They hatched a plan to sneak into the queen's chambers at night. There was a banquet in the hall to welcome the growing number of nobles showing up in Branniburn, and the two rogues slipped out and sneaked around the dark fort [gord]. They found two guards with pole-axes positioned in front of the queen's building. Varis got their attention while the viciously psychopathic 10-year-old Sedwig leaped onto one of the guard's back and slit his throat.

I let the other two PCs notice the commotion and join in. Valelf joined the combat. The two guards were downed quickly, but not before one of them shouted a warning. Archers from the ramparts started firing upon the group, to no avail. (Chain shirt and a decent Dex bonus gave Valelf a 16 AC.)

They ran into the queen's building, safe from arrows, and found the queen's body moldering in her bed. Only Absalam succeeded at his Constitution save completely, fending off the smell, but after some wretching, Valelf joined, too. Varis could not even make it up the stairs.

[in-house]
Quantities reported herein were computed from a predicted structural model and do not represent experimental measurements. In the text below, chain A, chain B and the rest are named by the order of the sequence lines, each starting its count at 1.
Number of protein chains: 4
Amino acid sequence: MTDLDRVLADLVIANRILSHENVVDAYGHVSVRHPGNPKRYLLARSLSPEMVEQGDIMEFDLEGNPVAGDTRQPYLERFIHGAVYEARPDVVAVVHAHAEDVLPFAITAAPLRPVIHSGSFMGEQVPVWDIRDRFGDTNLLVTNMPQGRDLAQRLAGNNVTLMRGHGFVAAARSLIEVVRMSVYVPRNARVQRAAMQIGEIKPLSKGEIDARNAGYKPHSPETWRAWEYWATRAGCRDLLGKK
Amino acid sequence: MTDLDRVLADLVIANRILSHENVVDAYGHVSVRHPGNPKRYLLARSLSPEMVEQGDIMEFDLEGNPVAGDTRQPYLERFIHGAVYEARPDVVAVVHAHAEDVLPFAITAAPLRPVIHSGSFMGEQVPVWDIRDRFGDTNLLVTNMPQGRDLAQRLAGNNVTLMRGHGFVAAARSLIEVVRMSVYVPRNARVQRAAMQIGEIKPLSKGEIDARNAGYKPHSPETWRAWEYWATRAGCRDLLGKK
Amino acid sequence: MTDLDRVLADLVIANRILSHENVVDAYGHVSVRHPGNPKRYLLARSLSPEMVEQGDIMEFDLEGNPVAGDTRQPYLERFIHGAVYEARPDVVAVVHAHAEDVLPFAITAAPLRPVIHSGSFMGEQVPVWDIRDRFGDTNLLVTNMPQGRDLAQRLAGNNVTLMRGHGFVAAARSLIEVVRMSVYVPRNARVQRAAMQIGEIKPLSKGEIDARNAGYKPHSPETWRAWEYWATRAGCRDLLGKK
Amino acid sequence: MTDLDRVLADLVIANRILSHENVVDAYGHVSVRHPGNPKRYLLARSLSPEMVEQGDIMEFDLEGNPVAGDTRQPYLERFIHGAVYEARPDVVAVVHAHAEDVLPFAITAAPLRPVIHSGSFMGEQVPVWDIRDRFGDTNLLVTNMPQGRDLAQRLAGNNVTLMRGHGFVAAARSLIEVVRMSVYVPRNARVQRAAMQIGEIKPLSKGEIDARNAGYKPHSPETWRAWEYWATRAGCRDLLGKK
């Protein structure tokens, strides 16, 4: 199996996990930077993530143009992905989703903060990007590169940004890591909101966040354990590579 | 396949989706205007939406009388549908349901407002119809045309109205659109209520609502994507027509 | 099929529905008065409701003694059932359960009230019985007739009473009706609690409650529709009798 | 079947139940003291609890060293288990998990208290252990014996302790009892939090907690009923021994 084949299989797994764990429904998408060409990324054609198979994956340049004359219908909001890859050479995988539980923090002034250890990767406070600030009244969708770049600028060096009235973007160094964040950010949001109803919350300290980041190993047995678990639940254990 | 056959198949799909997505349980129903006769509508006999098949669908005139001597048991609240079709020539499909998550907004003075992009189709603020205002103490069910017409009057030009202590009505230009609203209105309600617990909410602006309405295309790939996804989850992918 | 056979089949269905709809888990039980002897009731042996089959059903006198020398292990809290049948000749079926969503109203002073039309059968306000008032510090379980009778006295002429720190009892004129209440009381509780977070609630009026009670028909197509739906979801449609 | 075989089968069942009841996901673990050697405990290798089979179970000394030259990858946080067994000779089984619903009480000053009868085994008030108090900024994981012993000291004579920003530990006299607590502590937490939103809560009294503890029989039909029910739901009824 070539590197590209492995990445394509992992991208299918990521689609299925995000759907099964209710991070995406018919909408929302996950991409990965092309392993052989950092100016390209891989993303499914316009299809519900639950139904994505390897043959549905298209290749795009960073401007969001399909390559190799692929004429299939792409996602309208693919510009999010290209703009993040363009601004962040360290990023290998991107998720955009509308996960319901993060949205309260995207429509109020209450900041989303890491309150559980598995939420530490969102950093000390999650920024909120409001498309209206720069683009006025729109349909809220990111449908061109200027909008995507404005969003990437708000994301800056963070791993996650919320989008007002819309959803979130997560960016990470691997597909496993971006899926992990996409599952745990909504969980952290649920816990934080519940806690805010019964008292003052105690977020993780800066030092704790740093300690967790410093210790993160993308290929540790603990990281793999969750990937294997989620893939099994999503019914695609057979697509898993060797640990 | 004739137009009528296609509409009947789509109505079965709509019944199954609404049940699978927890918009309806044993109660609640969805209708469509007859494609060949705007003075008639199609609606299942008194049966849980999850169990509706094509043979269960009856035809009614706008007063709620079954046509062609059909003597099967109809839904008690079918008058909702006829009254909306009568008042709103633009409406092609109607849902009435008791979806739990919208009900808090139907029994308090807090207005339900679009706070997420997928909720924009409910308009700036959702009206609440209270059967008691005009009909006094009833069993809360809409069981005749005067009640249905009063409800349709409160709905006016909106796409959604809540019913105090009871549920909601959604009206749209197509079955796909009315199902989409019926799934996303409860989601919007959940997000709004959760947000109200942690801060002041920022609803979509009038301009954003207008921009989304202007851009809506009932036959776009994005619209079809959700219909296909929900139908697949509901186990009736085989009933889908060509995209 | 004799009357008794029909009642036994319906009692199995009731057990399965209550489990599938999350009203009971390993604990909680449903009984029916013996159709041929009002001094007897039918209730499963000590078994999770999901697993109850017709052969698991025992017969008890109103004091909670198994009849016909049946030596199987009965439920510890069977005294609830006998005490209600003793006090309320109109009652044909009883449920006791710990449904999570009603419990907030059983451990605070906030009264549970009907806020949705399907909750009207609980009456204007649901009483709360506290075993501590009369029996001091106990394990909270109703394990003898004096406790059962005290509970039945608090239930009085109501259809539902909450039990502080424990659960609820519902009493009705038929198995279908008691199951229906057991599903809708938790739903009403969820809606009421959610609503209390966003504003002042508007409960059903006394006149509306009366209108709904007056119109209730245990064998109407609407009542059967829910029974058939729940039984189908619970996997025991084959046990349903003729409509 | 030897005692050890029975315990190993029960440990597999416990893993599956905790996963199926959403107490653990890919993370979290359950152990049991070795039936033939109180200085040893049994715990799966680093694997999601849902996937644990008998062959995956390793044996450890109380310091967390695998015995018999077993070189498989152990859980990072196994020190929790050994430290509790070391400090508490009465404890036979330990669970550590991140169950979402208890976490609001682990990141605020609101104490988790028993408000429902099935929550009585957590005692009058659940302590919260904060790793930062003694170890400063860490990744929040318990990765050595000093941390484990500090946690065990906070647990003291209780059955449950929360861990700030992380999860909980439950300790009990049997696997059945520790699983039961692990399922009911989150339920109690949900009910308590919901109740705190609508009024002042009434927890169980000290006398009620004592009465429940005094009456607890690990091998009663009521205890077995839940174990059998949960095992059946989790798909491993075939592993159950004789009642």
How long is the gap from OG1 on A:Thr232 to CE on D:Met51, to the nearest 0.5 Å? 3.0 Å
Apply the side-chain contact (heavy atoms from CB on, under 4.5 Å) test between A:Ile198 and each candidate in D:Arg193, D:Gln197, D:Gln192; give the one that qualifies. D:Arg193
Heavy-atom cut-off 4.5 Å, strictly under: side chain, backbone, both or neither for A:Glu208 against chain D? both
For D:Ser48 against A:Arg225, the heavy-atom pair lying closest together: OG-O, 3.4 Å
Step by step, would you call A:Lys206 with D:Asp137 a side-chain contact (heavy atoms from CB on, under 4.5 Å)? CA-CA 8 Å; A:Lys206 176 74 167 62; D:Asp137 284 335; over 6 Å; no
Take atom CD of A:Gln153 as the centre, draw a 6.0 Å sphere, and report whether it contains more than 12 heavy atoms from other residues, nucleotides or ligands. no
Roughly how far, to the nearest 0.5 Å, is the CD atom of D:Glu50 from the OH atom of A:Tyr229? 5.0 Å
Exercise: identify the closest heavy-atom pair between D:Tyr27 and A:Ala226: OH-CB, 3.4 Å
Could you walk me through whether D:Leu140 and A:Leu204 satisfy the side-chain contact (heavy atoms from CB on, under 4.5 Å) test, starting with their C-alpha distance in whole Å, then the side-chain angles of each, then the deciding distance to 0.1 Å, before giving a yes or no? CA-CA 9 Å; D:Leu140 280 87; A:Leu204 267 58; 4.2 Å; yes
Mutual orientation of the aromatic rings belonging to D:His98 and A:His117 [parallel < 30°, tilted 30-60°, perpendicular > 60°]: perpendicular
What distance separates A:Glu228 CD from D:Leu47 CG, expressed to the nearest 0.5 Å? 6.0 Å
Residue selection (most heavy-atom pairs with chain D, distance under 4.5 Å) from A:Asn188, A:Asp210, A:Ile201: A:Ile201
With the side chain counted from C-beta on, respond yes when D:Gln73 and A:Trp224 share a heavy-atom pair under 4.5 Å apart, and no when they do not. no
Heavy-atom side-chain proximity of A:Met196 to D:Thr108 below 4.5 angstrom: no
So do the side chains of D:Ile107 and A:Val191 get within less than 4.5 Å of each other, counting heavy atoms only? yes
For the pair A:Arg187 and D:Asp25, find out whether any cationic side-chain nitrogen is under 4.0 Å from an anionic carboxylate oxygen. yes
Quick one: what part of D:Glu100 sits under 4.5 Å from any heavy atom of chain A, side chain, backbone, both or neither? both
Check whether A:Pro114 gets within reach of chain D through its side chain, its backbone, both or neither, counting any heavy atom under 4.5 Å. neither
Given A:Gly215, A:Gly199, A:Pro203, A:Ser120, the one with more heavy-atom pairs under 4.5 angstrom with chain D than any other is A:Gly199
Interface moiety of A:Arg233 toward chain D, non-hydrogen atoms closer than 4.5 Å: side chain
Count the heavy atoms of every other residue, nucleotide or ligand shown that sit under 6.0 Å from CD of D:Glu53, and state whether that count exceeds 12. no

They decided to carry the queen's body out to the city once they determined that the corpse was enough-long-dead that the citizens would not accuse them of regicide.

We stopped there. I summed up that Alverus the Dragon (Sedwig's dad) arrived the next day, and that Jasza arrived a few hours later, both with small forces, but that Branneburn transferred to Hexon rule again--at least for now--after a long 170 years of elven occupation.

Comments

  • Sounds pretty cool!!!

  • Issues

    Absalam and Valelf were played by the two guys who'd never played an RPG. Valelf's player had no problems at all. He jumped right in, got into character, talked in character, and wrestled with tough choices.